Take the 2-minute tour ×
Stack Overflow is a question and answer site for professional and enthusiast programmers. It's 100% free, no registration required.

Is it possible to add users to the sudoers file through a shell script? I've been looking around, still can't find anything.

share|improve this question
I'm not sure I understand the connection, why would you need to add users to sudoers to be able to run Ruby? –  Joachim Isaksson Jan 9 '12 at 6:44
Nothing to do with Ruby. The script i'm running inside ruby, requires ruby to be run with sudo permissions, hence the reason of sudo. Don't worry about the ruby part, this is about the editing of sudoers –  nickw444 Jan 9 '12 at 6:47
Would it make more sense to add a single group entry to /etc/sudoers, and add users to that group rather than repeatedly updating the sudoers file? –  Keith Thompson Jan 9 '12 at 8:43

3 Answers 3

up vote 13 down vote accepted

You could simply echo (with elevated privileges, of course) directly to the /etc/sudoers file:

nickw444@laptop ~ $ sudo -i
nickw444@laptop ~ $ echo 'nickw444  ALL=(ALL:ALL) ALL' >> /etc/sudoers

(note the tab character between the username and the first ALL)

Or, for a script:

 # Run me with superuser privileges
 echo 'nickw444 ALL=(ALL:ALL) ALL' >> /etc/sudoers

Then save to somefile.sh, chmod a+rx it, and run sudo ./somefile.sh from a terminal window.

To add multiple users, change the script to this;


while [[ -n $1 ]]; do
    echo "$1    ALL=(ALL:ALL) ALL" >> /etc/sudoers;
    shift # shift all parameters;

Then, run the script like this (assuming you saved it as addsudousers.sh):

nickw444@laptop ~ $ sudo ./addsudousers.sh bob joe jeff

that is, space-separated.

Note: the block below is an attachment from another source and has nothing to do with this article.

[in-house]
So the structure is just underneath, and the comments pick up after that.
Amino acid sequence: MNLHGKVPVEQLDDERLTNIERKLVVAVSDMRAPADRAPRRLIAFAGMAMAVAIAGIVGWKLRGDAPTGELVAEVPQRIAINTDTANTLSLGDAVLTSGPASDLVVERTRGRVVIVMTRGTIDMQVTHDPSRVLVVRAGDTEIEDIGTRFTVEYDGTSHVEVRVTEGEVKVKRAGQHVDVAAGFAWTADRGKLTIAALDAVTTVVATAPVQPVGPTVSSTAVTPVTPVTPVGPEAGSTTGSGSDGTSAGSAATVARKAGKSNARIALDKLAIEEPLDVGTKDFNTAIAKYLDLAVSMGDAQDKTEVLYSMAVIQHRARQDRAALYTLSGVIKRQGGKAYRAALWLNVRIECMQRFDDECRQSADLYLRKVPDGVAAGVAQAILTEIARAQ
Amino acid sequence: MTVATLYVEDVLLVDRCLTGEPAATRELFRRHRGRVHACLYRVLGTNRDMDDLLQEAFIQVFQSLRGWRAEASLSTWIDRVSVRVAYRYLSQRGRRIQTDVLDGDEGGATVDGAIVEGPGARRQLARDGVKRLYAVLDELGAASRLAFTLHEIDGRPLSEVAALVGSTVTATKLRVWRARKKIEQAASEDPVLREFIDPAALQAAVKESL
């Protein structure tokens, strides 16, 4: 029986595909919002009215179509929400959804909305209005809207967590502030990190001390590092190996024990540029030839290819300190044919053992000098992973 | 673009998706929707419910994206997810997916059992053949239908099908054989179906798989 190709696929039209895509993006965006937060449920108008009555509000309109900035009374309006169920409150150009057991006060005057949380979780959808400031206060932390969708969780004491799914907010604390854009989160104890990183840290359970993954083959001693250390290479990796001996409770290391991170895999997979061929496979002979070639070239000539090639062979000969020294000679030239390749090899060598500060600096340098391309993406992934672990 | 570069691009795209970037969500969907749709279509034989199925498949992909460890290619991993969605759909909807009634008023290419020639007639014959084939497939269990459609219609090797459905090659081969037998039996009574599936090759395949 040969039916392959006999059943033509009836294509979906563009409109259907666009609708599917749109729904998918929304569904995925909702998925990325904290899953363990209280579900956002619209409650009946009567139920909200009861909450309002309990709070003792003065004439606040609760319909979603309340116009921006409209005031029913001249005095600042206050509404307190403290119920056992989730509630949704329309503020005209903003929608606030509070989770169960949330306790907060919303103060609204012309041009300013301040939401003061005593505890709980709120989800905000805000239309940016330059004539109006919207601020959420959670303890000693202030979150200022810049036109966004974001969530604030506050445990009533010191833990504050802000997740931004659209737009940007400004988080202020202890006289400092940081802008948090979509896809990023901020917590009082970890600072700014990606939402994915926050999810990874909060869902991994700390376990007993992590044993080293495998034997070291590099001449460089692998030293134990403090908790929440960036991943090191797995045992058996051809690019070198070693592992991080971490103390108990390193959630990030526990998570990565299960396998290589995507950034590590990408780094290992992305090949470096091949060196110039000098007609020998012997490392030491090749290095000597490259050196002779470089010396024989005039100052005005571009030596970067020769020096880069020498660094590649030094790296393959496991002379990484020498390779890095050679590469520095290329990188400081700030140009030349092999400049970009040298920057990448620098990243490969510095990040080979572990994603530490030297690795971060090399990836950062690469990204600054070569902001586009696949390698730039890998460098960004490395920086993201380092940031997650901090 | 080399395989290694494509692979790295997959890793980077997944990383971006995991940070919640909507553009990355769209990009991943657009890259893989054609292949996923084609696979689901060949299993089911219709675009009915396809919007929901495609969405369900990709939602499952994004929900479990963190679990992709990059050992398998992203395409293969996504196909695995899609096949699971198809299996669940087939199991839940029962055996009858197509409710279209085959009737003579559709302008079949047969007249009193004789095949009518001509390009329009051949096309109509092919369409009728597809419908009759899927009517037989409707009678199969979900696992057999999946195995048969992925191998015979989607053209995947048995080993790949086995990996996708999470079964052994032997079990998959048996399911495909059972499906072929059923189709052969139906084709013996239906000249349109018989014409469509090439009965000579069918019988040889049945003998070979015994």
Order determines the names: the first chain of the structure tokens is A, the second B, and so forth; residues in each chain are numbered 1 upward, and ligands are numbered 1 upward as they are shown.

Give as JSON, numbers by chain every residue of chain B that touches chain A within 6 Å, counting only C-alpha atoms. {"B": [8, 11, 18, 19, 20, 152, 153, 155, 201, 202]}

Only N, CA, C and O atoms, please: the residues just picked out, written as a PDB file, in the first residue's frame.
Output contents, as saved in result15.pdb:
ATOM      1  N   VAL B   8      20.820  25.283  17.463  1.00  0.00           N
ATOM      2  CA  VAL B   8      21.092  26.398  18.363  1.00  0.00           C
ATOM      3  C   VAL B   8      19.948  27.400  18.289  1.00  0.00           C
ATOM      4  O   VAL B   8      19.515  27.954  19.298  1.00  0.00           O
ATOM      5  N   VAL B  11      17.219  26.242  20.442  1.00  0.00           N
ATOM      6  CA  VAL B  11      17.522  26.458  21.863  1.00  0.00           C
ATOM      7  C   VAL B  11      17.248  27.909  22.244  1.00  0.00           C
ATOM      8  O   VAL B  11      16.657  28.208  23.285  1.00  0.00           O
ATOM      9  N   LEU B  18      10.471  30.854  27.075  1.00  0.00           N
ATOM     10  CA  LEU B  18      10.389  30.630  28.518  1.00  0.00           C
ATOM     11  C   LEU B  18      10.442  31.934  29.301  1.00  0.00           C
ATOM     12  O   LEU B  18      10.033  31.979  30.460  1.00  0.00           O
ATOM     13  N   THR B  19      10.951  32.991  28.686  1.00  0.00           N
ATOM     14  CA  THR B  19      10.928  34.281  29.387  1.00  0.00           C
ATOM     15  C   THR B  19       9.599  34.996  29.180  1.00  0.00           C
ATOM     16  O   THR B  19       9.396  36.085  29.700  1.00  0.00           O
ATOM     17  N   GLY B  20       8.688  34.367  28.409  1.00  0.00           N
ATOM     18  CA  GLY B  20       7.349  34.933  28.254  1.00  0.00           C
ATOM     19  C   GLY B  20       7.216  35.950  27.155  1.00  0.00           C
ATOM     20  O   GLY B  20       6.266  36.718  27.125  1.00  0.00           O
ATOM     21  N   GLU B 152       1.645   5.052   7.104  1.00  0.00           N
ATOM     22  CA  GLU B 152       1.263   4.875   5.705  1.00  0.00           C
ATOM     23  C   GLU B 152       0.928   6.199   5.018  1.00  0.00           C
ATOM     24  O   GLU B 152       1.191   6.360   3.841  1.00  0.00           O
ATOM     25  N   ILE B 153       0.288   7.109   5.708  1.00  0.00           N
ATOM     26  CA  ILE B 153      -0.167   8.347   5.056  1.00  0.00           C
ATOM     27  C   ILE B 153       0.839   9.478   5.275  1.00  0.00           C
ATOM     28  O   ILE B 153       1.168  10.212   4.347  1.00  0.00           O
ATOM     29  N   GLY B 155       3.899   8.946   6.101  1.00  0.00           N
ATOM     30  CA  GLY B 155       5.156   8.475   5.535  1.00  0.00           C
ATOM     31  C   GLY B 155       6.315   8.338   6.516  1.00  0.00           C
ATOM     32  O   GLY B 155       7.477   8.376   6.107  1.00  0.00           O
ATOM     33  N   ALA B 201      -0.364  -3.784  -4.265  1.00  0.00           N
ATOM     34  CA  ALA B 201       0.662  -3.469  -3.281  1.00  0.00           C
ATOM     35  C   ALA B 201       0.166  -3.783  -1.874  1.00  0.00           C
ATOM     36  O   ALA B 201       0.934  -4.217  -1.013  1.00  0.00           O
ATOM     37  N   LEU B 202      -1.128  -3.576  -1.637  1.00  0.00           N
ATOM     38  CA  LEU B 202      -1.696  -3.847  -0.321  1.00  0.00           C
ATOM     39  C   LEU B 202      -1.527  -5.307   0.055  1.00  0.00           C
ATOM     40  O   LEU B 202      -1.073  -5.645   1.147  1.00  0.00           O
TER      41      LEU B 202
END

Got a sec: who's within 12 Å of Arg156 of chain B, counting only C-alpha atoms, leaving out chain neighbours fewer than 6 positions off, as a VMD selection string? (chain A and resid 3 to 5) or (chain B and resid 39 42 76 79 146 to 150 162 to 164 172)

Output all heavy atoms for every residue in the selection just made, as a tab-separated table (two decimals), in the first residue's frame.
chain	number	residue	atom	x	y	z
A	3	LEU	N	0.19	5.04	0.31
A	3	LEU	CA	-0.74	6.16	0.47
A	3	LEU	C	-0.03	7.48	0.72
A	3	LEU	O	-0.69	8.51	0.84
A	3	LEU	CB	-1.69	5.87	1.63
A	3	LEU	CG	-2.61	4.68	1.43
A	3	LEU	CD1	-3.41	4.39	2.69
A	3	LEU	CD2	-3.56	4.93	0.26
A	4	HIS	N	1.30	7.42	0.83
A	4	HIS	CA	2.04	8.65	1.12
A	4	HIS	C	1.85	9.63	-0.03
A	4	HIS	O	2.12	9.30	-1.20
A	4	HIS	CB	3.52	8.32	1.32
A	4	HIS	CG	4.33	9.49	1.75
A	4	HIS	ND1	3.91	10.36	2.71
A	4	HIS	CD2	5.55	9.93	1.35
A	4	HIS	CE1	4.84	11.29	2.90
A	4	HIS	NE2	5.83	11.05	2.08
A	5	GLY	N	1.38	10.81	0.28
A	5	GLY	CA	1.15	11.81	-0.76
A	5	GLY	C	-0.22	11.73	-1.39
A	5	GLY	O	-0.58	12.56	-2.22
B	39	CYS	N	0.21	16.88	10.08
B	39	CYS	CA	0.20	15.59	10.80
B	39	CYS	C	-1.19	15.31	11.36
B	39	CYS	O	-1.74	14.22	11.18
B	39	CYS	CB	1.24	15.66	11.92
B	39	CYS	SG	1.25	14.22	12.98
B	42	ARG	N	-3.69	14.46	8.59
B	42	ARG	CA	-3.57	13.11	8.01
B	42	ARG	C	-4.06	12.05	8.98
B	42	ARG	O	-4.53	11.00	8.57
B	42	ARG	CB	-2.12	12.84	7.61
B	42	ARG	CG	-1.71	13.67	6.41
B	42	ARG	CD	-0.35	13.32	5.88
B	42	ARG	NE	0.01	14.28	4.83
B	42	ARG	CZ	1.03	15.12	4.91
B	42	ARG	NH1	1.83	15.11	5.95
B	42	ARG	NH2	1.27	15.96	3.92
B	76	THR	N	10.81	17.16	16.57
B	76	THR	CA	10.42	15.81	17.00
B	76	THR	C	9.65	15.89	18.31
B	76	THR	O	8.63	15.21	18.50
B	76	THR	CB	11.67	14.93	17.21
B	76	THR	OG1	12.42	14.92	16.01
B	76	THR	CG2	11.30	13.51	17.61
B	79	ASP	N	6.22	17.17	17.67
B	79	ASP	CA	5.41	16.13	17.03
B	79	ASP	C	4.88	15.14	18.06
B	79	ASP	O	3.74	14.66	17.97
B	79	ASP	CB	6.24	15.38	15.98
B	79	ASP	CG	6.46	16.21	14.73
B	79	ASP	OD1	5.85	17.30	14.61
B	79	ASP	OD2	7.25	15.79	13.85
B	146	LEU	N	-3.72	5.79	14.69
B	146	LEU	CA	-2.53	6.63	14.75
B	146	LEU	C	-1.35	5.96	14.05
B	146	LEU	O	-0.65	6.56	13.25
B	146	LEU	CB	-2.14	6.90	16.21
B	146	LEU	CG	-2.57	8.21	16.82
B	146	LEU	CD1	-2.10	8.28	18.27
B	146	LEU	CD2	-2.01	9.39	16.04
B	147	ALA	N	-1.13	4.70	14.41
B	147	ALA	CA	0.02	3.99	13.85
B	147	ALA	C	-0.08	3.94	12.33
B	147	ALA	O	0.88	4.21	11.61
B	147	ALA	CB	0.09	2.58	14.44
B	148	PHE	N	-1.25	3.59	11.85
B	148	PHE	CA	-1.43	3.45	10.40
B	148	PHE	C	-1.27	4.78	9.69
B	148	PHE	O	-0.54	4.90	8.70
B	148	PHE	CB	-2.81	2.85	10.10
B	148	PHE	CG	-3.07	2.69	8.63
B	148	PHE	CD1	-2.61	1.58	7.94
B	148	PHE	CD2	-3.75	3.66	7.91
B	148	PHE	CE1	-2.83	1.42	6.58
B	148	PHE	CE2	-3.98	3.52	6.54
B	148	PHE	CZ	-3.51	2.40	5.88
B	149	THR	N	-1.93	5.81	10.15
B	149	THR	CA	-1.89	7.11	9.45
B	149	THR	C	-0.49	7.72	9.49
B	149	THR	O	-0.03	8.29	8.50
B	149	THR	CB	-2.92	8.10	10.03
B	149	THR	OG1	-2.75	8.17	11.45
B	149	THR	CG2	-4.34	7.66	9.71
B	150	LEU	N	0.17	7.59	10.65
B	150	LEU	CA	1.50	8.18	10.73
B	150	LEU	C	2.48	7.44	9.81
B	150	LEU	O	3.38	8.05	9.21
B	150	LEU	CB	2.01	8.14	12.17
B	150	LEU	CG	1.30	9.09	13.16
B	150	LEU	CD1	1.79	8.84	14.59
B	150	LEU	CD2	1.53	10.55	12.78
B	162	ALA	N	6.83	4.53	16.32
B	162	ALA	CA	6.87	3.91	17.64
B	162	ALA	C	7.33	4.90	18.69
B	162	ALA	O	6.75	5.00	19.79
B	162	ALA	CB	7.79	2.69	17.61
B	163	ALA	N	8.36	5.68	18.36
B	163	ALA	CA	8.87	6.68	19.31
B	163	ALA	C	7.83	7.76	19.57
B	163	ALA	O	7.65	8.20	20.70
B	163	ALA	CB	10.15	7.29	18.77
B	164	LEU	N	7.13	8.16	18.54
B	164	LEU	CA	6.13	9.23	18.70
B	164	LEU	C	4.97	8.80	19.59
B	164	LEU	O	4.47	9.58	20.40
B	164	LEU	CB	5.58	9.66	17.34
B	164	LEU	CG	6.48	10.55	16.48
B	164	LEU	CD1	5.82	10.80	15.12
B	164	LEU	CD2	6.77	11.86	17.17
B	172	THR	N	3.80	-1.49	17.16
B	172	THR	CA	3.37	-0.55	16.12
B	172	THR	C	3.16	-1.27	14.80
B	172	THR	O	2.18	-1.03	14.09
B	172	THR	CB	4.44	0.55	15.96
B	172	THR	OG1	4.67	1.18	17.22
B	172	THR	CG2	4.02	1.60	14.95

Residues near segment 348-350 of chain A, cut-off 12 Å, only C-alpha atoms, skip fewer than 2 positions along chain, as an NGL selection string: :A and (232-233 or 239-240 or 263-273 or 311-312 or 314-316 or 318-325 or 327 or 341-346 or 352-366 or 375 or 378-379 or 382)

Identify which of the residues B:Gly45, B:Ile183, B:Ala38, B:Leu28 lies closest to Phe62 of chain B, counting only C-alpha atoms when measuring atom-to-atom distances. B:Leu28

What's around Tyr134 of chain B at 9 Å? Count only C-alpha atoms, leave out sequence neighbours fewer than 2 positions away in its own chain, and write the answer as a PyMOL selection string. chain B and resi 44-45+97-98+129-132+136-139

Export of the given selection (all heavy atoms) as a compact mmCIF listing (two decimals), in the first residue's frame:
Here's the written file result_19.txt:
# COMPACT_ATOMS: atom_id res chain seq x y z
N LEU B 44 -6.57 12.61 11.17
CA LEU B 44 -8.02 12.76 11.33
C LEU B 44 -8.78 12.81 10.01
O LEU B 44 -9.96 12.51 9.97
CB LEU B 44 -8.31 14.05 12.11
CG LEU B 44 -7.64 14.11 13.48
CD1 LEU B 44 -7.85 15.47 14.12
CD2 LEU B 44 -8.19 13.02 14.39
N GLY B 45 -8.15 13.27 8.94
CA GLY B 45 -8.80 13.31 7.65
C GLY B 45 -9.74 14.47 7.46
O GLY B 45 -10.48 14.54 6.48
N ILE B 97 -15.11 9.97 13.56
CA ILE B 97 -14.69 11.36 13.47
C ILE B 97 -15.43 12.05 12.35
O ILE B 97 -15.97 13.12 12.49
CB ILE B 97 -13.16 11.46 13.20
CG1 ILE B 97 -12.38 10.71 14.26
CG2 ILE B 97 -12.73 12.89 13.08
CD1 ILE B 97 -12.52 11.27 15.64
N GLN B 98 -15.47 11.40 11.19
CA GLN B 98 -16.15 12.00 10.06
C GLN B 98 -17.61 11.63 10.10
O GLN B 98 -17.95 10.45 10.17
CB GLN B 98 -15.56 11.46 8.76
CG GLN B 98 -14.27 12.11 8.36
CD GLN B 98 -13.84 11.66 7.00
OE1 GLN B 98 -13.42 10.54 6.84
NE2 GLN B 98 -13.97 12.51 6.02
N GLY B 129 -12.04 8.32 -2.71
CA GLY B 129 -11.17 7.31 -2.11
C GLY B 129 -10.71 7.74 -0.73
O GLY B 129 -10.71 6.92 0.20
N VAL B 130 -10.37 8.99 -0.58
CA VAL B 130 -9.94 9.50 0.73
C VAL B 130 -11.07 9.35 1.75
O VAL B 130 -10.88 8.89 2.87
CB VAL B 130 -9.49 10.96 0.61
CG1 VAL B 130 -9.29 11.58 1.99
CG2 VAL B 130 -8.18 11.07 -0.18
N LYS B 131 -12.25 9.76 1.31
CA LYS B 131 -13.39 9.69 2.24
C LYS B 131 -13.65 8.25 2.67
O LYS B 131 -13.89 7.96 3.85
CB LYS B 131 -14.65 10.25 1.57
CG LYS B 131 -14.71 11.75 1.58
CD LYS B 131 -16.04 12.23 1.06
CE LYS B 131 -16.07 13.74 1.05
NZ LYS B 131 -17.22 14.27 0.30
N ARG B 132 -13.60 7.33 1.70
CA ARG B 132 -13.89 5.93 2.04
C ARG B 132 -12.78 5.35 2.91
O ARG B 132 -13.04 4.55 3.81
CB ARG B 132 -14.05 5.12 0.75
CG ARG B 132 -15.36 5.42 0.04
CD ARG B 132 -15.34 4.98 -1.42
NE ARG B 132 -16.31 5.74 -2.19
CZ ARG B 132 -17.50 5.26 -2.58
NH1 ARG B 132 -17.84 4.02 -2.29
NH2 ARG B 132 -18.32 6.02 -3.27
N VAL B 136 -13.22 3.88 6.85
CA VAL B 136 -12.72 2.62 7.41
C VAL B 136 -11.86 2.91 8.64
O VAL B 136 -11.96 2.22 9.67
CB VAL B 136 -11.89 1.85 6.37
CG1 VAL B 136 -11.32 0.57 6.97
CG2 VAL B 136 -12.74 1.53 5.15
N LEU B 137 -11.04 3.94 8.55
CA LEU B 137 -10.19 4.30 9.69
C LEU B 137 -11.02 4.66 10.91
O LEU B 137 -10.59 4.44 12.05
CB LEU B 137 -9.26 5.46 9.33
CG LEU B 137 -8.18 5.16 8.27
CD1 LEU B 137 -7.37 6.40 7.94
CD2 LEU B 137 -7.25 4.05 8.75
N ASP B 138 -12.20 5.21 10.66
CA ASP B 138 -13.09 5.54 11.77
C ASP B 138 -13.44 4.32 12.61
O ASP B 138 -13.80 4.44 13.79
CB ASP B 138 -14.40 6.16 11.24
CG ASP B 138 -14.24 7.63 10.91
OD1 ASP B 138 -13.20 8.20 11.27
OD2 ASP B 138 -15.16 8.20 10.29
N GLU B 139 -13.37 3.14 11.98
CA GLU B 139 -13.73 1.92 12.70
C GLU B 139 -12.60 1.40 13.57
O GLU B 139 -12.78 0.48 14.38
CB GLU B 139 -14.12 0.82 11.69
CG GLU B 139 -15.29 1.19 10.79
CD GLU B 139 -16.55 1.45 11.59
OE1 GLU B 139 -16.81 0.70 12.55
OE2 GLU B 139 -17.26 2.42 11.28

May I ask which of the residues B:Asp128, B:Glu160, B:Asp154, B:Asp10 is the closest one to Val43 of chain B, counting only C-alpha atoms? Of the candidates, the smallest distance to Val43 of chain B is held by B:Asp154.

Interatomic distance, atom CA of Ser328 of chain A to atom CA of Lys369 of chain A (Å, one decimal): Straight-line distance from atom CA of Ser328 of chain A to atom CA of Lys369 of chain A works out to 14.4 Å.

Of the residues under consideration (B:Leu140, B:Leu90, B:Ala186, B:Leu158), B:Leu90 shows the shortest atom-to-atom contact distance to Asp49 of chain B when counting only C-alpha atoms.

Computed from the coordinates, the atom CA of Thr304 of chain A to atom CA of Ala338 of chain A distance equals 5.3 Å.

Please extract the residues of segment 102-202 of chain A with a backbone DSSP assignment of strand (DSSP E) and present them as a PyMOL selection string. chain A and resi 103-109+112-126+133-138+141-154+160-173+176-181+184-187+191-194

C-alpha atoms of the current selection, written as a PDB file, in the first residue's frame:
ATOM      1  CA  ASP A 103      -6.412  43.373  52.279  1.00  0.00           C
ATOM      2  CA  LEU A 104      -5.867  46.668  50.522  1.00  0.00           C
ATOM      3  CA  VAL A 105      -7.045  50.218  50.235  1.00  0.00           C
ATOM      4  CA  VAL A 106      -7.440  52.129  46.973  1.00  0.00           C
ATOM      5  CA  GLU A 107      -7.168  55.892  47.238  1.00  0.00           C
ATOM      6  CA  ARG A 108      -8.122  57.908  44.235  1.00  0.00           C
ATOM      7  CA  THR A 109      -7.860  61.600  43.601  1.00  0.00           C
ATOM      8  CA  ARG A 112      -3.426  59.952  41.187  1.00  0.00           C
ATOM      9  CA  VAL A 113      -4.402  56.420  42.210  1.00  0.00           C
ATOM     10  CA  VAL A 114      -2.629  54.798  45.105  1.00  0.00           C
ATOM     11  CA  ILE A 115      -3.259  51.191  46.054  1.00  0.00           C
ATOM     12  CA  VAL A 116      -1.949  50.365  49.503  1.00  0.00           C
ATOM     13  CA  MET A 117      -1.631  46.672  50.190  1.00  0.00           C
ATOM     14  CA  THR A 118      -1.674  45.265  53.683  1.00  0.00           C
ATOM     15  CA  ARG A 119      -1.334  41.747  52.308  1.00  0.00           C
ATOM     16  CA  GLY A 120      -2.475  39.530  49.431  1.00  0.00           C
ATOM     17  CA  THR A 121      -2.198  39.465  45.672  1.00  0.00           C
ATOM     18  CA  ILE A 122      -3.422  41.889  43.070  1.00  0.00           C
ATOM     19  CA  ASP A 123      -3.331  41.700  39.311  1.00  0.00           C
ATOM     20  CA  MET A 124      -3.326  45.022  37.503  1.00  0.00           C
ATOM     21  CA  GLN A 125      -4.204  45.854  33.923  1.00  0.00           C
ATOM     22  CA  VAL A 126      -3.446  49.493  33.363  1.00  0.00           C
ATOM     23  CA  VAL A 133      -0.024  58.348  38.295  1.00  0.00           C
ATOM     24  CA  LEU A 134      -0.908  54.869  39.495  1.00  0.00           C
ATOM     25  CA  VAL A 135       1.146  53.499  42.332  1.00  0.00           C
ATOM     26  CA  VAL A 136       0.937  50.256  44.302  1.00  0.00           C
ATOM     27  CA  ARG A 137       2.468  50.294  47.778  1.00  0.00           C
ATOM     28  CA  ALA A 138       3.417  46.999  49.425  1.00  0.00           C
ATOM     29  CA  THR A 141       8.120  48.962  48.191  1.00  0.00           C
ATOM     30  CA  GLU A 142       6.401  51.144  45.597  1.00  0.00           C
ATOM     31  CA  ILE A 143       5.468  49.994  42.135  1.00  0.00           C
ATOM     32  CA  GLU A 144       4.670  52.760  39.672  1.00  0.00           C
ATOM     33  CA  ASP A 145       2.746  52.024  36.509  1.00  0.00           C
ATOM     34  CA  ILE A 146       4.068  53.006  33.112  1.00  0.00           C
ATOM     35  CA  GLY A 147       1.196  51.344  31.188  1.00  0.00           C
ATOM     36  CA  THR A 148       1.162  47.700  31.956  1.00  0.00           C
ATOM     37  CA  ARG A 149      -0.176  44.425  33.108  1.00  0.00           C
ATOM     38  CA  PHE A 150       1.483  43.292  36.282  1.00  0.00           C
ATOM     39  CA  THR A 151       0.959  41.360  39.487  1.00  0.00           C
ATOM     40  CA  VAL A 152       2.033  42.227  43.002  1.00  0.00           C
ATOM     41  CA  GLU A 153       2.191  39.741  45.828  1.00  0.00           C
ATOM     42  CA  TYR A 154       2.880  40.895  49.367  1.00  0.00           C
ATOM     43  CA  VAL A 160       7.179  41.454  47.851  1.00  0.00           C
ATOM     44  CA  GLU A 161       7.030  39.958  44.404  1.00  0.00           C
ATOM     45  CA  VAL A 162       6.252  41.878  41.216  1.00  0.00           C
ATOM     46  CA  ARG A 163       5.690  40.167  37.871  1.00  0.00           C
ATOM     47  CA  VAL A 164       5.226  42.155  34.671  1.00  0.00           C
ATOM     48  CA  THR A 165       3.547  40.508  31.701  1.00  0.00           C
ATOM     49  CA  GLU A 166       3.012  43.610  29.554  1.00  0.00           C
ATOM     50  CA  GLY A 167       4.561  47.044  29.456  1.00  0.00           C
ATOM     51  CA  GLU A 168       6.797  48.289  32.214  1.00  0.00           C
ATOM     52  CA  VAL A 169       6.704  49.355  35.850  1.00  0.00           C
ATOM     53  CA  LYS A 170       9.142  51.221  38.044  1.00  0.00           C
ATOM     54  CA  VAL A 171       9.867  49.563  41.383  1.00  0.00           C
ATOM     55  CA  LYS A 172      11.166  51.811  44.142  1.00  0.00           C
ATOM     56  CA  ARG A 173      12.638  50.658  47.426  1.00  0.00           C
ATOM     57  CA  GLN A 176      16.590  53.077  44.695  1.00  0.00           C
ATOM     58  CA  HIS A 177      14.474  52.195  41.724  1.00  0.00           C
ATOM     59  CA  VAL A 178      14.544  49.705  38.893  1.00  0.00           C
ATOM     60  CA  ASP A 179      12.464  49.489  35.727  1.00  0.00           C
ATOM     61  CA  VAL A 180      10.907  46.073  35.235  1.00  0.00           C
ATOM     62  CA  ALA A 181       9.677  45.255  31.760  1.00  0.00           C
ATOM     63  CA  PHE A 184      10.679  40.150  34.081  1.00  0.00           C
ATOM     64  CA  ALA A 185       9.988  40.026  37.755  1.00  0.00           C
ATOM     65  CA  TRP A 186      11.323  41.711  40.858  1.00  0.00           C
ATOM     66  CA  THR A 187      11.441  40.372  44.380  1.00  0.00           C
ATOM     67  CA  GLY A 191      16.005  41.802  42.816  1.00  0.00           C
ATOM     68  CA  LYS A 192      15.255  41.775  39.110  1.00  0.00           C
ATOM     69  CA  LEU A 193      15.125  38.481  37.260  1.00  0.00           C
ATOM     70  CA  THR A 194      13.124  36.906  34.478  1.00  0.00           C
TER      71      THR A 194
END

To read the names from a file:

nickw444@laptop ~ $ sudo ./addsudousers.sh `cat listofusers.txt`

listofusers.txt should also be space-separated.

Edit: Jappie Kirk rightly points out that you can't directly call sudo echo ... >> /etc/sudoers because the >> redirection is handled by the shell, which has by that point dropped the superuser privileges. However, if you run a script that contains echo ... >> /etc/sudoers and the script itself has superuser privileges, everything should work just fine.

share|improve this answer
Worked perfectly. Thanks so much –  nickw444 Jan 9 '12 at 7:00
sudo echo does not work, see: blogs.oracle.com/joshis/entry/sudo_echo_does_not_work Also by default the sudoers file is readonly –  Jappie Kerk Dec 27 '13 at 18:02
@Jappie: OP said "worked perfectly" so I'm not sure what the issue is for you. Perhaps take a look at "How do I edit /etc/sudoers from a script?"? –  WChargin Dec 27 '13 at 21:05
@Jappie The issue raised in the post you linked is irrelevant because the actual script itself is being run with sudo, so the privileges do carry. (Granted, there is an extraneous sudo in the script that I will edit.) –  WChargin Dec 27 '13 at 21:07
alternatively, use tee like so: echo "$MY_USER ALL=(ALL:ALL) ALL" | sudo tee --append /etc/sudoers –  Programster May 20 at 22:09

There is also the sudo group, and you could add users to it (for common configurations of /etc/sudoers)

share|improve this answer

No, a straight echo won't work, you have to run it in a subshell. Try this instead:

sudo sh -c "echo \"group ALL=(user) NOPASSWD: ALL\" >> /etc/sudoers"

share|improve this answer

Your Answer


By posting your answer, you agree to the privacy policy and terms of service.

Not the answer you're looking for? Browse other questions tagged or ask your own question.